Our client, Stephanie Robertson 30 from Northamptonshire had noticed she was having intermittent problems with blurred vision and reading small print so she attended her opticians on 05 October 2018 for a check-up. The optician wrote a letter for Stephanie to take to her GP, mentioning problems with both visual acuity and visual fields in her right and left eye. Such was his concern that the letter asked for Stephanie to be urgently referred to the hospital eye department.
Stephanie and her mother took the referral letter to the GP surgery later that same day. Her GP forwarded the letter (adding in handwriting the words “URGENT REFERRAL”) directly to Kettering General Hospital’s CAB Ophthalmology team. However, the hospital insisted that the GP referral was processed by the ‘Choose and Book’ system and was not sent directly to the Trust’s ophthalmology team as the GP maintained. This was to prove significant in terms of how timely her treatment actually was.
Stephanie logged on to the hospital’s Choose & Book system on 11 October 2018 to select an appointment. The earliest available date was given as 24 December 2018, although this was later cancelled by Kettering General Hospital and rearranged for 04 February 2019. But Stephanie’s vision had deteriorated further by Christmas Eve that year, so she attended her GP surgery again, where her doctor noted that her eyesight was getting much worse with poor central vision and she was bumping into things. The GP advised Stephanie to attend the Eye Casualty Department at Northampton General Hospital.
Stephanie subsequently attended Northampton General four days later and was referred again to Kettering General Hospital on 31 December 2018 – almost three months after she had been classed as an ‘urgent’ referral. On 16 January 2019 Stephanie awoke unable to see at all and again attended the Eye Casualty Department at Kettering General Hospital. A CT scan was performed at the end of January 2019 and in early February Stephanie attended a pre-arranged appointment at Kettering General Hospital where an MRI scan was requested.
The MRI scan conducted on 17 March 2019 discovered a large pituitary macroadenoma compressing the optic chiasm, where the left and right optic nerves intersect. Pituitary macroadenomas are benign (not cancerous) tumours composed of glandular tissue, but they can cause serious problems because they grow and press on nearby brain structures.
Stephanie was urgently referred to John Radcliffe Hospital, Oxford where she underwent emergency surgery three days later to de-bulk the tumour. That procedure was successful, but by then the damage had been done and Stephanie was now totally blind. She had been working as a cleaner and kitchen assistant, but the delay in diagnosis and treatment with such a tragic outcome means she will be unable to work or live independently.
The family looked for someone who might help and prevent the same thing happening to others in similar circumstances. Stephanie and her mother had received some guidance from the Northamptonshire Acquired Brain Injury Forum (ABIF Northants). This body brings together services from the public, independent and voluntary sectors to support people and their families with any sort of brain injury.
Shoosmiths has been involved with Northants ABIF for several years and the firm is well known throughout the county for its expertise in this sort of claim and its engagement with the local community and voluntary sector. As a result of their own on-line research and contacts within the ABIF, the family turned to Shoosmiths. Stephanie’s case was handled by Simon Towler, a senior associate Legal Executive in the firm’s Northampton office who has dealt with claims of this nature since 1992.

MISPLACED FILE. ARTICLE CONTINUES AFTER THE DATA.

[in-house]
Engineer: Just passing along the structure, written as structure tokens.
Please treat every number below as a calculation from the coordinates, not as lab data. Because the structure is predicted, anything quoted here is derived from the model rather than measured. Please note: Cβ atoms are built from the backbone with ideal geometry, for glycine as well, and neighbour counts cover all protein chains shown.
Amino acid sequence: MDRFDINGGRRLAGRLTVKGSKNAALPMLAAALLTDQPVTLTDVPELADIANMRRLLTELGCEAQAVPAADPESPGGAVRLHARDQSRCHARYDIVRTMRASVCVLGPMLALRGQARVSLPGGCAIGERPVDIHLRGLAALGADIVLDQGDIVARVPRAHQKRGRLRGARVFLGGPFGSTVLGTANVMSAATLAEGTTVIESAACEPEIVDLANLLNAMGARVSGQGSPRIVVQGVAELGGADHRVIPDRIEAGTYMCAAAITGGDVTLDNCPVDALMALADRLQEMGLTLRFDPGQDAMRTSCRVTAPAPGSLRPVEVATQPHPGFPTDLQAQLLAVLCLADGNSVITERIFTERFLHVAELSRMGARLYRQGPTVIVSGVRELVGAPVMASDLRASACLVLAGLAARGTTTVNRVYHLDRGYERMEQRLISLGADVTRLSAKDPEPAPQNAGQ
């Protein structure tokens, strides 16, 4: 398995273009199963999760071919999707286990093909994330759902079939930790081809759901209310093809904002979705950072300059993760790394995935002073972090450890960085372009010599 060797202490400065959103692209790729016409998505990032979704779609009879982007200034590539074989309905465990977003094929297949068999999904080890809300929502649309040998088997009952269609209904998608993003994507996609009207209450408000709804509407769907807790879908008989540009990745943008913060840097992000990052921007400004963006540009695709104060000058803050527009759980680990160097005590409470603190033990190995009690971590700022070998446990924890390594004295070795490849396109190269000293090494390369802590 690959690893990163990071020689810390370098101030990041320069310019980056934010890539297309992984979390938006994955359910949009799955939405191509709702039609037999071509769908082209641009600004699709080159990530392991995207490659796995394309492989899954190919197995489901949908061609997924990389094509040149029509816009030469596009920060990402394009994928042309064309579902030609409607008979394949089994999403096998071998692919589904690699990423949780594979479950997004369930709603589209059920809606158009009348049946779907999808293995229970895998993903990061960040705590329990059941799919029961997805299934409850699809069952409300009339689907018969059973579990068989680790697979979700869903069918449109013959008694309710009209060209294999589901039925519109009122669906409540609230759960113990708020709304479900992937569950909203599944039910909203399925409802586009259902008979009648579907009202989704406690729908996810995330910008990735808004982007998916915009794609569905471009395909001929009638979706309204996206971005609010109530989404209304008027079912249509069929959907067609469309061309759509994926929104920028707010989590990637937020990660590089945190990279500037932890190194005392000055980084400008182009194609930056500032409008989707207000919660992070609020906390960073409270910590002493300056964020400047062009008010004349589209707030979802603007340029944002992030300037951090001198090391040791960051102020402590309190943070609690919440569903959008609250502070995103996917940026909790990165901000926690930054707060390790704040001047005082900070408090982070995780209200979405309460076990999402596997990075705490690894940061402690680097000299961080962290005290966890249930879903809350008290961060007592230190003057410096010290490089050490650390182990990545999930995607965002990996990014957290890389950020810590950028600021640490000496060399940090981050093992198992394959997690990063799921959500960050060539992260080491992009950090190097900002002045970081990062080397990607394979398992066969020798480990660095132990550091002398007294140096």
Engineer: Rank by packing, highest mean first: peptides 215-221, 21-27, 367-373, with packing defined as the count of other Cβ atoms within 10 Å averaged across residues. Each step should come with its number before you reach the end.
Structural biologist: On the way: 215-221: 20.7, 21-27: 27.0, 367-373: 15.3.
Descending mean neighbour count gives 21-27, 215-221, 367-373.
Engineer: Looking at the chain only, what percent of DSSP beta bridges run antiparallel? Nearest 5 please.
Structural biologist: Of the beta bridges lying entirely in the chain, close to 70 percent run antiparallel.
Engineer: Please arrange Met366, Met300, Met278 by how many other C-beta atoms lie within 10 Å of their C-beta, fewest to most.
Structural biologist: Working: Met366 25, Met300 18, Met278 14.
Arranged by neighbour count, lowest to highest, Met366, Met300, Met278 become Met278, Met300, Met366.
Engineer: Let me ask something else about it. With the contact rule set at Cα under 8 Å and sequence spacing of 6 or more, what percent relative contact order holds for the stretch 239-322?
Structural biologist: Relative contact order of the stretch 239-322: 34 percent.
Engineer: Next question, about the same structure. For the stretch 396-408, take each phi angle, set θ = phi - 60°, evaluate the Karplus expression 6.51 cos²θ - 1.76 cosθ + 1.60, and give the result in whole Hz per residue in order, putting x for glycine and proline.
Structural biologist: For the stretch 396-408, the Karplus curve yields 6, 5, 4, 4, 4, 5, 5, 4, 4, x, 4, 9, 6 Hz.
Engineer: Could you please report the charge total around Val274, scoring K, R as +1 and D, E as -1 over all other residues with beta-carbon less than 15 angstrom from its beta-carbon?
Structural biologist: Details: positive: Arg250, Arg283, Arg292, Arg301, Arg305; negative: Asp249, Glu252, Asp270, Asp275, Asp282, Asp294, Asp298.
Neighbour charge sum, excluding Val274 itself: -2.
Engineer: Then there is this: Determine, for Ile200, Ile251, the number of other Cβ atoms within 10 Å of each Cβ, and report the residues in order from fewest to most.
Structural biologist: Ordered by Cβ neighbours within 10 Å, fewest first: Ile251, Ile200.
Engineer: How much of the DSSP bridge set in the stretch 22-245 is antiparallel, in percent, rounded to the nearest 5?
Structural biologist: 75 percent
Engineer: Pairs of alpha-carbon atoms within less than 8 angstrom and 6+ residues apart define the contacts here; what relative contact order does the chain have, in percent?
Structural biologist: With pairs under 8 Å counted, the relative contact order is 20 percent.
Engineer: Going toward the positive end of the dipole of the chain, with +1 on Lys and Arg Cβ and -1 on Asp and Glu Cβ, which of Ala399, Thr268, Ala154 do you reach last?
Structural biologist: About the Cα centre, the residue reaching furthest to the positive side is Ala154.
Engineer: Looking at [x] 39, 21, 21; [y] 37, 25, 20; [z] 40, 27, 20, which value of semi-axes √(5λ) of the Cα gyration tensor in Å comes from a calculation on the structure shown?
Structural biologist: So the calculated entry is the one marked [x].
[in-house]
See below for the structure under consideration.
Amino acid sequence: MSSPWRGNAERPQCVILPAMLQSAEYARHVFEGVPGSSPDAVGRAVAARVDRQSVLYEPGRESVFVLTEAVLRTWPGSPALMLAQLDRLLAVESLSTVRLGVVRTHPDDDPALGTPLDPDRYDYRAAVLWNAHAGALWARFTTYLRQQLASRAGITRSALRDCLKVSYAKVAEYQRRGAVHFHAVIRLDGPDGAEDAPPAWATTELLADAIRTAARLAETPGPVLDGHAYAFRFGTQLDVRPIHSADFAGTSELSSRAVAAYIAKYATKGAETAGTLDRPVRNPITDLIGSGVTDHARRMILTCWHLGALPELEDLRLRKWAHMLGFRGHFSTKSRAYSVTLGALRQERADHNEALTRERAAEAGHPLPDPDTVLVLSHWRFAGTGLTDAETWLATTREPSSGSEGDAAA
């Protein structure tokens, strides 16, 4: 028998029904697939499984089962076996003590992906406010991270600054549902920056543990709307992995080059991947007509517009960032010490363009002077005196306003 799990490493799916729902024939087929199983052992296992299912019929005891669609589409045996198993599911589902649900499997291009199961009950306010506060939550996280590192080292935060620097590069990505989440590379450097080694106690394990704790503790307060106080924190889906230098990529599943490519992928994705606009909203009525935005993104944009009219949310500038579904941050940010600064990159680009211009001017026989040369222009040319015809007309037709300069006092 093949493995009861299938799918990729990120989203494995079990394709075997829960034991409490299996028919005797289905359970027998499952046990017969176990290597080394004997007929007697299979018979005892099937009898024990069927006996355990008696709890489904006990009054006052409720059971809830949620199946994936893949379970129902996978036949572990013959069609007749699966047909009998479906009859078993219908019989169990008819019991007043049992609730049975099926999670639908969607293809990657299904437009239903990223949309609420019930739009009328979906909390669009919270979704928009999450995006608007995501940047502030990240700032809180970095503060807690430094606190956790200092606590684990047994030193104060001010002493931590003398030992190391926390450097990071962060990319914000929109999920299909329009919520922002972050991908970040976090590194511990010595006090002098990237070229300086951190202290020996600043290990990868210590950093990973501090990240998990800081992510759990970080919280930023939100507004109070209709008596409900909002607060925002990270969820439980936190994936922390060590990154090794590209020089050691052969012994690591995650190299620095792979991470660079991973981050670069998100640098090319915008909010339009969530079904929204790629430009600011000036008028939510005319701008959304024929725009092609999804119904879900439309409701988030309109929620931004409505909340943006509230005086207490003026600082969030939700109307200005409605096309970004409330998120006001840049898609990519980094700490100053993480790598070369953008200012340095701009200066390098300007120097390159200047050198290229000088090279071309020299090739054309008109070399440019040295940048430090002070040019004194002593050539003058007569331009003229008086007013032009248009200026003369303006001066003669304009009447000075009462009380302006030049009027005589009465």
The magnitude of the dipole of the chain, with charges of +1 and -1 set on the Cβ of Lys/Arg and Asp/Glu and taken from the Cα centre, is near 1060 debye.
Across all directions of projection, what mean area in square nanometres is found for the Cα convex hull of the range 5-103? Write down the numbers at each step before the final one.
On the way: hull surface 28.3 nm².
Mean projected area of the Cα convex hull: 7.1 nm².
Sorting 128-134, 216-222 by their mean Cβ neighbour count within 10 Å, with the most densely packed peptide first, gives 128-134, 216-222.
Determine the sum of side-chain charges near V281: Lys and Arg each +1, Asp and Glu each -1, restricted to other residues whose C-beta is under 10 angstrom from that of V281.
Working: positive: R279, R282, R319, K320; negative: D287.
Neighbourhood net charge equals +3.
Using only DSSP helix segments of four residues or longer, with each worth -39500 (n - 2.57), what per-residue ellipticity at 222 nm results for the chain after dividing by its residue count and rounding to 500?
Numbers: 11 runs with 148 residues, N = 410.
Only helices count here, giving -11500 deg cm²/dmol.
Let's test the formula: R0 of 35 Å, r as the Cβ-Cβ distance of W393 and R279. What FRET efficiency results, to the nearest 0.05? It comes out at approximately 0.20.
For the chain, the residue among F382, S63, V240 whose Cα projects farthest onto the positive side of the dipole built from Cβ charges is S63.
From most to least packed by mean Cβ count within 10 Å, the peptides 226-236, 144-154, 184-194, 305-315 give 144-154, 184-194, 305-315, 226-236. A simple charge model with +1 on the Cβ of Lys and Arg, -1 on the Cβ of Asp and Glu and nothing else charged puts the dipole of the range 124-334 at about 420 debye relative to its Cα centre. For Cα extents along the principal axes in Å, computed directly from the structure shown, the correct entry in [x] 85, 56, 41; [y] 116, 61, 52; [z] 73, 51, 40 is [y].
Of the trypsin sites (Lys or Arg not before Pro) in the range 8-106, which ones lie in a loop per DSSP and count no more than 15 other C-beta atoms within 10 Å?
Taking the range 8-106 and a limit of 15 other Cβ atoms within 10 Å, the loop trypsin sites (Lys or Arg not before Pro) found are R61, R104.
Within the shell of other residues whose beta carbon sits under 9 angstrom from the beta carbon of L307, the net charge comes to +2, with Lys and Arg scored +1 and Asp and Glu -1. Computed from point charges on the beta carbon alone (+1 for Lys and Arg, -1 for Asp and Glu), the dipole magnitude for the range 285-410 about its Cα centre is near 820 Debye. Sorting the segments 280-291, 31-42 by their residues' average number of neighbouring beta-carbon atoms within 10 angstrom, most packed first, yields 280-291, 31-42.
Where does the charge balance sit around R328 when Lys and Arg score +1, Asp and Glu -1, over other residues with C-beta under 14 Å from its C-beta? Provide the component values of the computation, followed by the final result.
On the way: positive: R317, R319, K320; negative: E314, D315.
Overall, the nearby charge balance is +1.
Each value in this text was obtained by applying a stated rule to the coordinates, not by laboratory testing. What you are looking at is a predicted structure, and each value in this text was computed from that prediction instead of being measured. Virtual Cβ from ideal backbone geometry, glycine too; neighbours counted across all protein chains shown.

“This was a tragic case. On reading the details, it was obvious that, following the GP referral, an urgent appointment should have been made. Stephanie should have been investigated with a CT and an MRI scan as quickly as possible, which would have meant that sight-saving surgery could have been performed by early November.”
Shoosmiths obtained copies of Stephanie’s medical records and commissioned expert evidence from a consultant ophthalmic surgeon, consultant neurosurgeon, and experts in care and assistive technology. The defendant Trust tried to argue that little would have changed, even with reasonable treatment and a more timely operation, and Stephanie would have been left with no useful vision and would not be capable of working of living independently.
However, the evidence amassed by Shoosmiths medical negligence team was compelling in establishing negligence and in July 2021 judgment was entered in favour of Stephanie. It was admitted that she should have been given an earlier initial appointment and been referred to the John Radcliffe Hospital for the surgery no later than November 2018. There were some areas of dispute that remained, such as the extent of Stephanie’s visual impairment had surgery been performed at that earlier date, but those issues too were resolved by Shoosmiths.
The claim finally settled by mediation in December 2021. Stephanie was awarded a substantial six-figure lump sum and thereafter periodic payments to help pay for the support, care, modifications to her home and special aids she will need for the rest of her life. Stephanie said:
“I found Simon and Tania to be very friendly and polite either whilst videocalling, telephone calls and they even visited me at my home before the pandemic. All of the legal team were thorough and explained every process thatwas being done , and kept me updated all the time. I have already recommended them to various people and I will continue to do so. I feel that they always had my best interests at all times."
This information is for educational purposes only and does not constitute legal advice. It is recommended that specific professional advice is sought before acting on any of the information given. © Shoosmiths LLP 2023